My final hopes for this year is the Supreme Court does not steal another election.  If they do, the country’s opinion of our government and the courts will sink even lower than it is today.  That would not be a good thing.

Profile photo of Joe Lowry Joe Lowry
I was a child that moved so often, (8 elementary/middle schools) and finally went to to high school in Arroyo Grande California. I ended up at San Jose State University graduating in Chemistry, minor in Biology. Got married, and had two sons. Unfortunately, my wife passed 35 years later. I worked initially in the pharmaceutical industry. After being down-sized, I ended up in the aerospace field, working on satellites. I still live in the San Francisco Bay Area.


Tags: 1968 2000 2016 Trump McCarthy Supreme Court
Characterizations: funny, well written

Comments

  1. Thanx for your recap of three disappointing elections Joe, hope we’re not disappointed this coming Tuesday!

    Your reference to RFK brought back memories. When my husband Danny was in college, before I knew him, he stomped for Kennedy’s 1964 NY Senate race.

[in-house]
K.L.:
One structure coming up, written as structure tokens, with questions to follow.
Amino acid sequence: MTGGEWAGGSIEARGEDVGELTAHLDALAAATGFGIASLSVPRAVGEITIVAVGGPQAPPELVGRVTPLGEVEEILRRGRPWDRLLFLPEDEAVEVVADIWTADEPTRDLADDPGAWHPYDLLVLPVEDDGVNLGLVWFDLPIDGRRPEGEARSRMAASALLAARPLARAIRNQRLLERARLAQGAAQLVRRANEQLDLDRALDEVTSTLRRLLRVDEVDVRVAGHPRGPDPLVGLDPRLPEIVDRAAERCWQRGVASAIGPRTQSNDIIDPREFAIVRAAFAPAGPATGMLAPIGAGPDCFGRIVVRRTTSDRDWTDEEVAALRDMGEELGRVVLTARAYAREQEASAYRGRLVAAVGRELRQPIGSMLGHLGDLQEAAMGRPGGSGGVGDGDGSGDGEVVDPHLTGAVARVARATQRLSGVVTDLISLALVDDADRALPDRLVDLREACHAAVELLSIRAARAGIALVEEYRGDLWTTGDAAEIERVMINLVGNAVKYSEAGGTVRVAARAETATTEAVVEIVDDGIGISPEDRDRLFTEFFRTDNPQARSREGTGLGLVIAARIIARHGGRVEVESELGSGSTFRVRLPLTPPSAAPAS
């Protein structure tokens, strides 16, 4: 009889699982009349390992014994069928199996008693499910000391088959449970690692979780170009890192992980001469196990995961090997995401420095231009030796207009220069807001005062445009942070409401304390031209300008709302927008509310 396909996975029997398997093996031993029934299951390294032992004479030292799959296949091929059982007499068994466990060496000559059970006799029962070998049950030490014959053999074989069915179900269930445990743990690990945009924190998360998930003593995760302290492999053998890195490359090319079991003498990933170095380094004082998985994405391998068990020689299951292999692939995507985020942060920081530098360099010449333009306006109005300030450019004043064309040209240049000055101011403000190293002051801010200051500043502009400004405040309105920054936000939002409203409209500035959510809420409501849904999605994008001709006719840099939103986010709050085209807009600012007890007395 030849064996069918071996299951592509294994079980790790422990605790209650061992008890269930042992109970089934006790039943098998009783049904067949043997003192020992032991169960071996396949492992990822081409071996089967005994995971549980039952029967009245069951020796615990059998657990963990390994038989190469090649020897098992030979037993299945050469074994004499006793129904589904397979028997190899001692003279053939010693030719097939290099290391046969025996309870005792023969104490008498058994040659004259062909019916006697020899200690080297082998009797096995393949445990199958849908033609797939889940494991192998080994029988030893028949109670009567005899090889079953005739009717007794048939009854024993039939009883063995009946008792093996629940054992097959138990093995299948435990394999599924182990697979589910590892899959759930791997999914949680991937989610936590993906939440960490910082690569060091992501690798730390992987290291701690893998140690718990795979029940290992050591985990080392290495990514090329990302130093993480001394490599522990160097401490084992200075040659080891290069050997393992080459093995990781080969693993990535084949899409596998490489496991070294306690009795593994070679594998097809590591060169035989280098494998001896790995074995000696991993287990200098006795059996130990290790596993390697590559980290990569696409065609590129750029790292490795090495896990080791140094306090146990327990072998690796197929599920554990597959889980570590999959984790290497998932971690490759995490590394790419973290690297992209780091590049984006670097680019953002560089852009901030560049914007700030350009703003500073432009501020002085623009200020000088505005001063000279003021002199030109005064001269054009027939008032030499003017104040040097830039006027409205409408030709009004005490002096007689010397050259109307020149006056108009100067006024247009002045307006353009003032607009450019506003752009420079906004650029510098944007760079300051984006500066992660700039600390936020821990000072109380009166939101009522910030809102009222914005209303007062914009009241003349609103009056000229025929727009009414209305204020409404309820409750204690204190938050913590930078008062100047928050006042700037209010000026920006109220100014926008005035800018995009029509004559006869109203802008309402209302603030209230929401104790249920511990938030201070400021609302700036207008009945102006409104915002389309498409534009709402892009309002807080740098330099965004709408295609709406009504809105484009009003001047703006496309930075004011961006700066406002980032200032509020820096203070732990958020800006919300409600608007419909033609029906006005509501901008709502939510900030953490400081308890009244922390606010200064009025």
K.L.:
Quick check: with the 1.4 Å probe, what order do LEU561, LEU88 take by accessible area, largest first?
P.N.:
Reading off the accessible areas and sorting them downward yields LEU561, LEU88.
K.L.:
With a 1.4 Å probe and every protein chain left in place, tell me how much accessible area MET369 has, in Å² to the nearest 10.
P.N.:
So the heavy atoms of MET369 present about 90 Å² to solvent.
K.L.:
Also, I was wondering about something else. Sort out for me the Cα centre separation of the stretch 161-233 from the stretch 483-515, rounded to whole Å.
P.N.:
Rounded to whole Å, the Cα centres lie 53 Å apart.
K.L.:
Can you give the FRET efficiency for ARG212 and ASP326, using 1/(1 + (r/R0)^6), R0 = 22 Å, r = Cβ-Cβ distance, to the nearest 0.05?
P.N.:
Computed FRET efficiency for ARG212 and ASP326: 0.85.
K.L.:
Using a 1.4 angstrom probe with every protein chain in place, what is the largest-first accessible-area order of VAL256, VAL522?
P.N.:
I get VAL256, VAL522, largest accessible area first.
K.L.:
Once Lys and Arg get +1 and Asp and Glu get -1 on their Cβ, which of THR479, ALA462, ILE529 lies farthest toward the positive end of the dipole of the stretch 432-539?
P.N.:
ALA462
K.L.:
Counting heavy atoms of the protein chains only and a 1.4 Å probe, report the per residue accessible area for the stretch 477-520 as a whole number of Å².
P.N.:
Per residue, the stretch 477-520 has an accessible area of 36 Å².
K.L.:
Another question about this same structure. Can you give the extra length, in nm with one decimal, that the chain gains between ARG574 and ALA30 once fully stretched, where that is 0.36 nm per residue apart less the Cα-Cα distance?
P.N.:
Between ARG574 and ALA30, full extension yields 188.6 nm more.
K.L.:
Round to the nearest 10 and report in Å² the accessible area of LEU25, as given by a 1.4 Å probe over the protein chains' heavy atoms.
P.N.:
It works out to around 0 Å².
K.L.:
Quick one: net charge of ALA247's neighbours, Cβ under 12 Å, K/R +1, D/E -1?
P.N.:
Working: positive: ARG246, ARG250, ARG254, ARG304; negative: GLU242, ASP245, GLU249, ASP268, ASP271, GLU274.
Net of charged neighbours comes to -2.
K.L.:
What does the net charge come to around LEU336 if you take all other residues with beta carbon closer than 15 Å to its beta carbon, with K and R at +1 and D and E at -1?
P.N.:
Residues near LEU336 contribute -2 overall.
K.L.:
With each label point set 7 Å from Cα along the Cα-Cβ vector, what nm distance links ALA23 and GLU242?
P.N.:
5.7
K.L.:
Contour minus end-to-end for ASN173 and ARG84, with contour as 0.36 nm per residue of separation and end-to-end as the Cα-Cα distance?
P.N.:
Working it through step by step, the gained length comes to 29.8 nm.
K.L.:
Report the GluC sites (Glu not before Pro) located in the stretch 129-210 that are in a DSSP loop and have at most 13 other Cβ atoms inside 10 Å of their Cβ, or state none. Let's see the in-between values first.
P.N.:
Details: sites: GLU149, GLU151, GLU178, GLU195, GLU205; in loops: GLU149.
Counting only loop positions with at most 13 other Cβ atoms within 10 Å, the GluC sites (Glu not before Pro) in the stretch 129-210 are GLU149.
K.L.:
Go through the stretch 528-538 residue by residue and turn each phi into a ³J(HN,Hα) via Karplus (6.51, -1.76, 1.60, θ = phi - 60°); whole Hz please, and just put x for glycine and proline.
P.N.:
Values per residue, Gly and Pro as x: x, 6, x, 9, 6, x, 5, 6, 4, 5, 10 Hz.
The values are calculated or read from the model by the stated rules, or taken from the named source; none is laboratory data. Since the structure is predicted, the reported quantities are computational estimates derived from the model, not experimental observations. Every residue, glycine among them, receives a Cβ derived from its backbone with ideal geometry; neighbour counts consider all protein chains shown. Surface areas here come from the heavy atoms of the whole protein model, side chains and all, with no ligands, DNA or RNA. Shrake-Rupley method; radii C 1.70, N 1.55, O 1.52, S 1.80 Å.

Four years later Danny and I were dating when RFK was assassinated on June 6, 1968. A stricken Danny called to tell me and we eloped a week later.

  2. Laurie Levy says:

    We certainly agree on those three elections being pivotal in the direction of our country. Let’s hope 2020 sends us pivoting back in a good direction. It’s going to be a very frightening week and a chaotic end to a terrible year.

  3. Betsy Pfau says:

    Good recap of those disappointing elections and how they affected your outlook on life and and reality of living. As Dana just said, let’s hope for a better outcome this week!

  4. Suzy says:

    Clearly these were the three elections that were the most haunting in our lifetimes, since you, Laurie, and I all picked them to write about. I like your line about the Supreme Court, “I think kangaroos would have done a better job.” Subtly suggesting that they are a kangaroo court, which they kind of were in 2000, and are even more so now!

  5. I enjoyed this reflection, especially when you got outside the frame of familiar political narrative and delved into more personal insights, such as your friend who watched the returns with you and had a somewhat different perspective. The humor of “I think kangaroos would have done a better job” kind of popped out as in a dead pan delivery. I hope there’s more of those kinds of lines, where that came from.

    • Joe Lowry says:

      I try to put a good line or two in my writing. Let’s hope 2020 ends with the good news that Trump will have to retire from his government job. That way, he can go back to bankrupting his own private companies instead of the government.